“There he was transfigured before them. His face shone like the sun, and his clothes became white as the light. Just then there appeared before them Moses and Elijah, talking with Jesus.” (Matthew 17:2-3)

 Did you see what that says? Do you really see it?

Moses stood right there! There, with his steady, heavenly feet planted firmly on the Promised Land. There, in all his transformed, new-body glory. There, He stood fulfilling his dream, right where God had wanted him to be all along.

God had not forgotten Moses’ heart or his dreams. God had not let them die. Instead, He resurrected them through Jesus. God fulfilled Moses’ dream in His timing and in His own glorious way.

In a way no one else could.

I think often about my mother. About her crippled, crooked fingers that never signed a single hand modeling contract on this earth. Whatever she’s doing in heaven right now, I’m certain her hands are on display. Maybe they’re holding children. Maybe they’re splashing water up from the river of Life. Maybe they’re raised high in praise to Jesus. Whatever they’re doing (and even though jealousy isn’t supposed to be a thing in heaven) I’m convinced every eye that sees them can’t help but have a twinge of wishful desire.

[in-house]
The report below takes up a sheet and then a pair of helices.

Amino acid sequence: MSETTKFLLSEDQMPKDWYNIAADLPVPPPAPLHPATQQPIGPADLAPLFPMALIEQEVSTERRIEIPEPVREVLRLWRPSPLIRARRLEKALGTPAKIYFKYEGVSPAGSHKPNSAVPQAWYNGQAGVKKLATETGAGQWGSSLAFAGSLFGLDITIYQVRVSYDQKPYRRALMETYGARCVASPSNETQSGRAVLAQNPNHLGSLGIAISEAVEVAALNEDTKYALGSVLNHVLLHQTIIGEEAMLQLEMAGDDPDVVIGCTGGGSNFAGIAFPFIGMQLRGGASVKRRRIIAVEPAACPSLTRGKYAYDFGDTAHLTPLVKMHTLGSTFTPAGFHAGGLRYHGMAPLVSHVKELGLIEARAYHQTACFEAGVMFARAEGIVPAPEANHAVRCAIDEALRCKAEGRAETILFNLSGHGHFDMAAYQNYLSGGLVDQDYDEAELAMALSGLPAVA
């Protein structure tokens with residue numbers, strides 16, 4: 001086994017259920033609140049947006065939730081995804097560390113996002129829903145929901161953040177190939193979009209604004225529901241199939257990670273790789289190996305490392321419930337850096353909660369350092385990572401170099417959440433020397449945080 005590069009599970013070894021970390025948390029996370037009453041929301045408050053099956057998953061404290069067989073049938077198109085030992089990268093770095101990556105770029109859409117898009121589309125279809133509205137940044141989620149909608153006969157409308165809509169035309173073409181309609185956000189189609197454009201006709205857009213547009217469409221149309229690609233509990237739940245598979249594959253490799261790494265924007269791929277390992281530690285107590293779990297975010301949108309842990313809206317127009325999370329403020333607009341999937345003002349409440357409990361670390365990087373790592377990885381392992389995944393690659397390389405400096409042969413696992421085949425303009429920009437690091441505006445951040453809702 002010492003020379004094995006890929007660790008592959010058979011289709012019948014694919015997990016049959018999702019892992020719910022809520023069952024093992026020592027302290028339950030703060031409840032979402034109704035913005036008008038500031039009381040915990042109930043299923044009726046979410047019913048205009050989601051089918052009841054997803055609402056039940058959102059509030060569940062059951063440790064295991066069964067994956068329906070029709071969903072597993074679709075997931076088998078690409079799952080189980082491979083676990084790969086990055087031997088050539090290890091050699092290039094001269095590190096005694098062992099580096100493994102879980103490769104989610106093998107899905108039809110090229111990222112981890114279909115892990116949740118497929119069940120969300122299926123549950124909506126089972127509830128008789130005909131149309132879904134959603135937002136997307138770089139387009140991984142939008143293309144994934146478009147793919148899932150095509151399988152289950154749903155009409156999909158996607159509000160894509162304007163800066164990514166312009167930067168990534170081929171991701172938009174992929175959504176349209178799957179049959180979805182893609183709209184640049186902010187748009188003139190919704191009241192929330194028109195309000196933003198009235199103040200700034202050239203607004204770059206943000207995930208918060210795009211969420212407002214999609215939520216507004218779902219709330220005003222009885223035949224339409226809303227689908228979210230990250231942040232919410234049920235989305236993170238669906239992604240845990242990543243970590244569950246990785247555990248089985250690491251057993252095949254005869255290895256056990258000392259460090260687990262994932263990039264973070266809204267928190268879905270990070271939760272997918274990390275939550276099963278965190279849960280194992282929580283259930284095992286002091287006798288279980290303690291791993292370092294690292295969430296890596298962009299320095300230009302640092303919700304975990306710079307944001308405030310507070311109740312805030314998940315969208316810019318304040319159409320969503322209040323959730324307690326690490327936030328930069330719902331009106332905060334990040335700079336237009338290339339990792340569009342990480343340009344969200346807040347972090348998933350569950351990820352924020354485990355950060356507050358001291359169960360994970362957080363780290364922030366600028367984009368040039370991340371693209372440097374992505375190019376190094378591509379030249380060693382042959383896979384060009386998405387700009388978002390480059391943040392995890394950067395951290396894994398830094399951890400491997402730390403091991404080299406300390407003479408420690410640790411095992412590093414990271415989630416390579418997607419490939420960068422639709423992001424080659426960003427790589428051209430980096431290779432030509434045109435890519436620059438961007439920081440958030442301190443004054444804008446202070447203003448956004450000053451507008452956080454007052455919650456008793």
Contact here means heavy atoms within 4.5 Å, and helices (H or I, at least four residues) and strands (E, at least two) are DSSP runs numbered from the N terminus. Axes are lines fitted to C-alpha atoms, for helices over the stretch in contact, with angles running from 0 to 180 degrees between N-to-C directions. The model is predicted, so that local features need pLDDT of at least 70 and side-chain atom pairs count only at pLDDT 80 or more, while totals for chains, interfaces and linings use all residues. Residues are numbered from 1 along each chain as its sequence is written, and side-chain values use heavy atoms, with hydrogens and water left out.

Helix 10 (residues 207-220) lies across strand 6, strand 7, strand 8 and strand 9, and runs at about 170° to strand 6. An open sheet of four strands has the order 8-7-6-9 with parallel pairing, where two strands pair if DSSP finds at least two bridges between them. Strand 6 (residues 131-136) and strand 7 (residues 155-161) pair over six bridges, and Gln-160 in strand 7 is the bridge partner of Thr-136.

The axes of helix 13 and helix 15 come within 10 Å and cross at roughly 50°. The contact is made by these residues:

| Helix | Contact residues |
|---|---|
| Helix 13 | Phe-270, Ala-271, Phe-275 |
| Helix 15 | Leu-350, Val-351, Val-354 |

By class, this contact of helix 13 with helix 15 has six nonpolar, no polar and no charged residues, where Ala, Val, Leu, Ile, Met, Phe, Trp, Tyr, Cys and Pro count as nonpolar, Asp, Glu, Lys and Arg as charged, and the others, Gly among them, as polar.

Oh, to have hands like that!

Because those hands every day remind me of Jesus’ hands. Of His nail-scarred, calloused, loving hands. Hands that can carry the weight of all our sin and still have room for our unrealized dreams too.

Redeeming hands, resurrecting hands.

Hands still resurrecting.

My dreams. And your dreams too.